Another implication of the Ashridge model is that change in one element could imply change in the others. For example, when Hanson became a heavy building materials company, it invoked a new behaviour standard to act responsibly in all the communities in which it operates, keeping with its new purpose to satisfy growing demands to build a quality environment. It is no easy task to ensure congruence among all four elements, but managers can learn a lot about their enterprises by examining the degree of consistency among the elements, and the reasons for any inconsistencies.

One conclusion is certain. When the elements are misaligned, the company has no coherent mission. When people are dubious about the need for corporate visions and missions, they are probably referring to companies that just can't get it together. Maybe that is why Lou Gerstner said that the last thing IBM needed was a vision when he took over the leadership of the company at a time when it was in trouble.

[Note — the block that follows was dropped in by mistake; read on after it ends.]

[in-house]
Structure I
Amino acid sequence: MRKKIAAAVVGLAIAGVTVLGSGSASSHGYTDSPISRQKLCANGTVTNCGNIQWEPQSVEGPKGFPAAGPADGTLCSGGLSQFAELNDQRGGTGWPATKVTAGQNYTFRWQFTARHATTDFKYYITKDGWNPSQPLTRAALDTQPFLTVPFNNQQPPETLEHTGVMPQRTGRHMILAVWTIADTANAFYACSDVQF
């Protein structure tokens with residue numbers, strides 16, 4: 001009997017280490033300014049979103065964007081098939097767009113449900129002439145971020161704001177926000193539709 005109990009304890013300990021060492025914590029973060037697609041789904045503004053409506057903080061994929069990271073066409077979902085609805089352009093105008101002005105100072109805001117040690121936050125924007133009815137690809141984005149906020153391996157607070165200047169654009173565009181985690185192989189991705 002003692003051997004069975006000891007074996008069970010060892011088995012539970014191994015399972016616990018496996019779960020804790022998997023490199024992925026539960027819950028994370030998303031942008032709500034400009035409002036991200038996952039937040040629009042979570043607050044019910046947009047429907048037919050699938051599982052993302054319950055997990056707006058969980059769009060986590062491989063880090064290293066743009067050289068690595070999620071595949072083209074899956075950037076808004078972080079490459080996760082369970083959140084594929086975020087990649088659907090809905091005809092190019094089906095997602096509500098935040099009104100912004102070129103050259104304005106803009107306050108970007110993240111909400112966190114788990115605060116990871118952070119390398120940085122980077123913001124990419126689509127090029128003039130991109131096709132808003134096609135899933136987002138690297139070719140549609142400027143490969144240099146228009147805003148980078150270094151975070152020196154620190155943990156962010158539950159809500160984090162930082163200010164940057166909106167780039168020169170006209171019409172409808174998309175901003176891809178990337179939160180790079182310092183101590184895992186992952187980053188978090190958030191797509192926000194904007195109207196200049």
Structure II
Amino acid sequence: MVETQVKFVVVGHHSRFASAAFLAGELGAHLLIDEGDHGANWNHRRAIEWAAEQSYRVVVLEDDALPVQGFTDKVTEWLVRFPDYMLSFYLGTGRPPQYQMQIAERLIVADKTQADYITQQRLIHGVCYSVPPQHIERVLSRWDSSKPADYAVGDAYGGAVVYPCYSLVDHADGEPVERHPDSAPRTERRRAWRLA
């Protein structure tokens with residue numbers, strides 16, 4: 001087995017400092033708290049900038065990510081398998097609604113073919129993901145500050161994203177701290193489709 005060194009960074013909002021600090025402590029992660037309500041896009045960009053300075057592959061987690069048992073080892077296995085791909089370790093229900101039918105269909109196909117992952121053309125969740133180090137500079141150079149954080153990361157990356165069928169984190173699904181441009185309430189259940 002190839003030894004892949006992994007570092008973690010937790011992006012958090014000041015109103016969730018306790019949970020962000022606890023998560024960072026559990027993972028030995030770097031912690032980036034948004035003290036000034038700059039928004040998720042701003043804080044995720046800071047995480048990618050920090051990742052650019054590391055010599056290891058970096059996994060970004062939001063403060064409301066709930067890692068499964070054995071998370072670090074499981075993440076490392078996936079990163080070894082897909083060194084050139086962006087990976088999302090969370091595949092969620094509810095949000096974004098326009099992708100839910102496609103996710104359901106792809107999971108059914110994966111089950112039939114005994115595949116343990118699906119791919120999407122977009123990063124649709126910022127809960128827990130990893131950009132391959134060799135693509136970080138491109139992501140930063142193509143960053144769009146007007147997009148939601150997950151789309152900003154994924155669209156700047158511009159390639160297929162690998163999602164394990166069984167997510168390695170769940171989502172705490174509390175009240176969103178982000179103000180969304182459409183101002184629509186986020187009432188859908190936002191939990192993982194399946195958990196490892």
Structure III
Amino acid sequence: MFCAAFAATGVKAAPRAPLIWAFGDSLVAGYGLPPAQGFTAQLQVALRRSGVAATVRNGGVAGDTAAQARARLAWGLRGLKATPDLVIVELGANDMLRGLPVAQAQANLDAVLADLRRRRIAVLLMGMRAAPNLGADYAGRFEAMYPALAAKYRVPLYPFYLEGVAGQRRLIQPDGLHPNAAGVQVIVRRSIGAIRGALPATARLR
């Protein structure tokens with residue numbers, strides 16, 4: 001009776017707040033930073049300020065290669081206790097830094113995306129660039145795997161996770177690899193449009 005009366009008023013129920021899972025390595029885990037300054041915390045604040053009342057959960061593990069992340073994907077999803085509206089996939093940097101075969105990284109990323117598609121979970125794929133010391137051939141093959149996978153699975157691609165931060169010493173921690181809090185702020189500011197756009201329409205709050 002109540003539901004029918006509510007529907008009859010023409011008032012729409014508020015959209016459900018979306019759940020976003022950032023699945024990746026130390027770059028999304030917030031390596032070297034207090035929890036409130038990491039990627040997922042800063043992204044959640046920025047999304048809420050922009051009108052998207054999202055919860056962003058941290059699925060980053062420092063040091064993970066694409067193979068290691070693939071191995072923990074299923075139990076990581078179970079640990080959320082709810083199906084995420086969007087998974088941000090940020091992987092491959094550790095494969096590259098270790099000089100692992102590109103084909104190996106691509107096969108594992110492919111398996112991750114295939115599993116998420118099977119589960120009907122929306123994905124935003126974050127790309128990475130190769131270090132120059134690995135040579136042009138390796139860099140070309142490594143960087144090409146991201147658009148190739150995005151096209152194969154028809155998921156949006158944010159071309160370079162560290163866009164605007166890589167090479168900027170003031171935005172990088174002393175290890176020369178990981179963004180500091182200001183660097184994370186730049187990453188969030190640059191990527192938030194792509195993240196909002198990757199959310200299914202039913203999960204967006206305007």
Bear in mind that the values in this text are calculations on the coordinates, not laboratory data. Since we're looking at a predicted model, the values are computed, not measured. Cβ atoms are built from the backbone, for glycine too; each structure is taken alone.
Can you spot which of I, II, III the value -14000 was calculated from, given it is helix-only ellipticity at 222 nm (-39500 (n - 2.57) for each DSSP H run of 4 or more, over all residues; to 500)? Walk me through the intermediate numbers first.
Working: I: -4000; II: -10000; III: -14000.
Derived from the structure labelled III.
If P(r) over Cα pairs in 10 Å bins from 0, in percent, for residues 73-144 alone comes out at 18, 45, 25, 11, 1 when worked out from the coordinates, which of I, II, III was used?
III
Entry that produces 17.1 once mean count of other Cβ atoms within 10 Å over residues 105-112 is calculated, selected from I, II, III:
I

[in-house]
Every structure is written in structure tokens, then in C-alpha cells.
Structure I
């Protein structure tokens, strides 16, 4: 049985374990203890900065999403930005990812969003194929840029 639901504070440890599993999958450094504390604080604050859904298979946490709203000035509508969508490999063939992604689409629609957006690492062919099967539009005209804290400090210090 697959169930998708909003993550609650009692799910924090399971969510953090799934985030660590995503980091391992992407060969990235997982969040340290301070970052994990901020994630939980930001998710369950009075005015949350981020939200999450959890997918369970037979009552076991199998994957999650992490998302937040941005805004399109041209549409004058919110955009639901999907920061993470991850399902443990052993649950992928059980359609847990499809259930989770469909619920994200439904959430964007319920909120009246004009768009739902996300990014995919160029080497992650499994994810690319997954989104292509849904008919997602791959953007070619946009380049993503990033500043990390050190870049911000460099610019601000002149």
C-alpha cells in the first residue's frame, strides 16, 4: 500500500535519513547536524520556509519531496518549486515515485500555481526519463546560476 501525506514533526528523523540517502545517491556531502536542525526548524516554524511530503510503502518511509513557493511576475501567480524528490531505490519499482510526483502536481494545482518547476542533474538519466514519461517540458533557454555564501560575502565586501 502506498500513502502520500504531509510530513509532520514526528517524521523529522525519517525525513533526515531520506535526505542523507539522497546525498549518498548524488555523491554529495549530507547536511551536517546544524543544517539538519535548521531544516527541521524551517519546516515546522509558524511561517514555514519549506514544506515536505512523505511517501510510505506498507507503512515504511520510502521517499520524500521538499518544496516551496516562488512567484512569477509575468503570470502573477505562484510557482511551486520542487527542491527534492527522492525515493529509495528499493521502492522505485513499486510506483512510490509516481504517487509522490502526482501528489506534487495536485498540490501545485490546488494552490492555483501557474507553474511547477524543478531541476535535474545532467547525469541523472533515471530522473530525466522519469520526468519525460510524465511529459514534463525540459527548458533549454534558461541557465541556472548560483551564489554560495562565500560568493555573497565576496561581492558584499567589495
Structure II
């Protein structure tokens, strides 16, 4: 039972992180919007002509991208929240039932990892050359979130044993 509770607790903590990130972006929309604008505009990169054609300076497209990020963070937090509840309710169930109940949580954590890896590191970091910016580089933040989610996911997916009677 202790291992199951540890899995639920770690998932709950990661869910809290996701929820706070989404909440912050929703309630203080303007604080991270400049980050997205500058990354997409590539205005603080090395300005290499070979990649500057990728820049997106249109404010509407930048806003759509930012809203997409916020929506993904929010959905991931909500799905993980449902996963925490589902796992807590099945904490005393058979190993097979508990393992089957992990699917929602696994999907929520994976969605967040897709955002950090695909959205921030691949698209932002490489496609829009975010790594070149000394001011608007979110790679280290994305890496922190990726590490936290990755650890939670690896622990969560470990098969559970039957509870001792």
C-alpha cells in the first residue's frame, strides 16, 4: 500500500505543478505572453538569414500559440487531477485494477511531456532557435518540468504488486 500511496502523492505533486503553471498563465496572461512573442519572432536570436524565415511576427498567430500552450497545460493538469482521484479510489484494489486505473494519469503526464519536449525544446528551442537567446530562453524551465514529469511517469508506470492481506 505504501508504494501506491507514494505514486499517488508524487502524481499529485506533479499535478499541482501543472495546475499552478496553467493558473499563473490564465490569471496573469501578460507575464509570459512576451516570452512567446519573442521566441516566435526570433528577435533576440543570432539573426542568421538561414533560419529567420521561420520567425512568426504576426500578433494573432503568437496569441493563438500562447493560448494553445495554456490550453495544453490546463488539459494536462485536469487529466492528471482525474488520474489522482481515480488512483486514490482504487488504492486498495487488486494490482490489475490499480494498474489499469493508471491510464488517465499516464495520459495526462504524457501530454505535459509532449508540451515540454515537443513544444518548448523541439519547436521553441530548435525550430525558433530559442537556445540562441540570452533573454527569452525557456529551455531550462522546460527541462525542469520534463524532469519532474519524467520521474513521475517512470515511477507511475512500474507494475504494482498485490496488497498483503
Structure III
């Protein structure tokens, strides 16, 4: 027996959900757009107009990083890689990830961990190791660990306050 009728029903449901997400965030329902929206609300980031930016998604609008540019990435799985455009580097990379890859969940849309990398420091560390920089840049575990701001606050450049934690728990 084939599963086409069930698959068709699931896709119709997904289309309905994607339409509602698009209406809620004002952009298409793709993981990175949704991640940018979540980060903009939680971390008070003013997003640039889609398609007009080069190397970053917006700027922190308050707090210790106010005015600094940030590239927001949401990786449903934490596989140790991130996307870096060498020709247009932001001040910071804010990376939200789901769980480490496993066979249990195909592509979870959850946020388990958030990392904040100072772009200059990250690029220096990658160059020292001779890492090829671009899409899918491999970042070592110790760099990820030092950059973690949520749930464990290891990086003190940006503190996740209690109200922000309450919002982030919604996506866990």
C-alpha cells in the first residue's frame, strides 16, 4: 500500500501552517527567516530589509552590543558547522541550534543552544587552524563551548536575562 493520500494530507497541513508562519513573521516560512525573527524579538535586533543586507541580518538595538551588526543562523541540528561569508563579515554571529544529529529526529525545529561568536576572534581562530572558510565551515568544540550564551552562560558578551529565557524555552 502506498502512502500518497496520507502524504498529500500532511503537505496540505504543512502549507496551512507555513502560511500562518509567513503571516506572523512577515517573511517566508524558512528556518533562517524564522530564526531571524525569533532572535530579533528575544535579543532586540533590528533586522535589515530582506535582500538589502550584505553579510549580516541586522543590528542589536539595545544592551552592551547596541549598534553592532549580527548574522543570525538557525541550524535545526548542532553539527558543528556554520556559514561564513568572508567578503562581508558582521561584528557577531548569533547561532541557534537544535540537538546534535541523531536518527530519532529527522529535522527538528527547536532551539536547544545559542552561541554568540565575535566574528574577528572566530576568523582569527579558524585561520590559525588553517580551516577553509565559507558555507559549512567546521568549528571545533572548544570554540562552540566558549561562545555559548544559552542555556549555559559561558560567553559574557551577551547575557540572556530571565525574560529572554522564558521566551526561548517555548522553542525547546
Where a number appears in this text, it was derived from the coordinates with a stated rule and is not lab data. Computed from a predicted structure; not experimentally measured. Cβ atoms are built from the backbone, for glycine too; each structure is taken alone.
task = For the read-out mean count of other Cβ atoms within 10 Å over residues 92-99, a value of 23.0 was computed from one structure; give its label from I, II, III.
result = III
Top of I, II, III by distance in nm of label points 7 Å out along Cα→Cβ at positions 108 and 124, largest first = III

Perhaps he instinctively realised that a vision on its own is counterproductive unless it is broadly shared among the members of an organisation, and enacted through a sense of mission.

Dr Eleanor O'Higgins is a lecturer in strategic management and business ethics at UCD Graduate Business School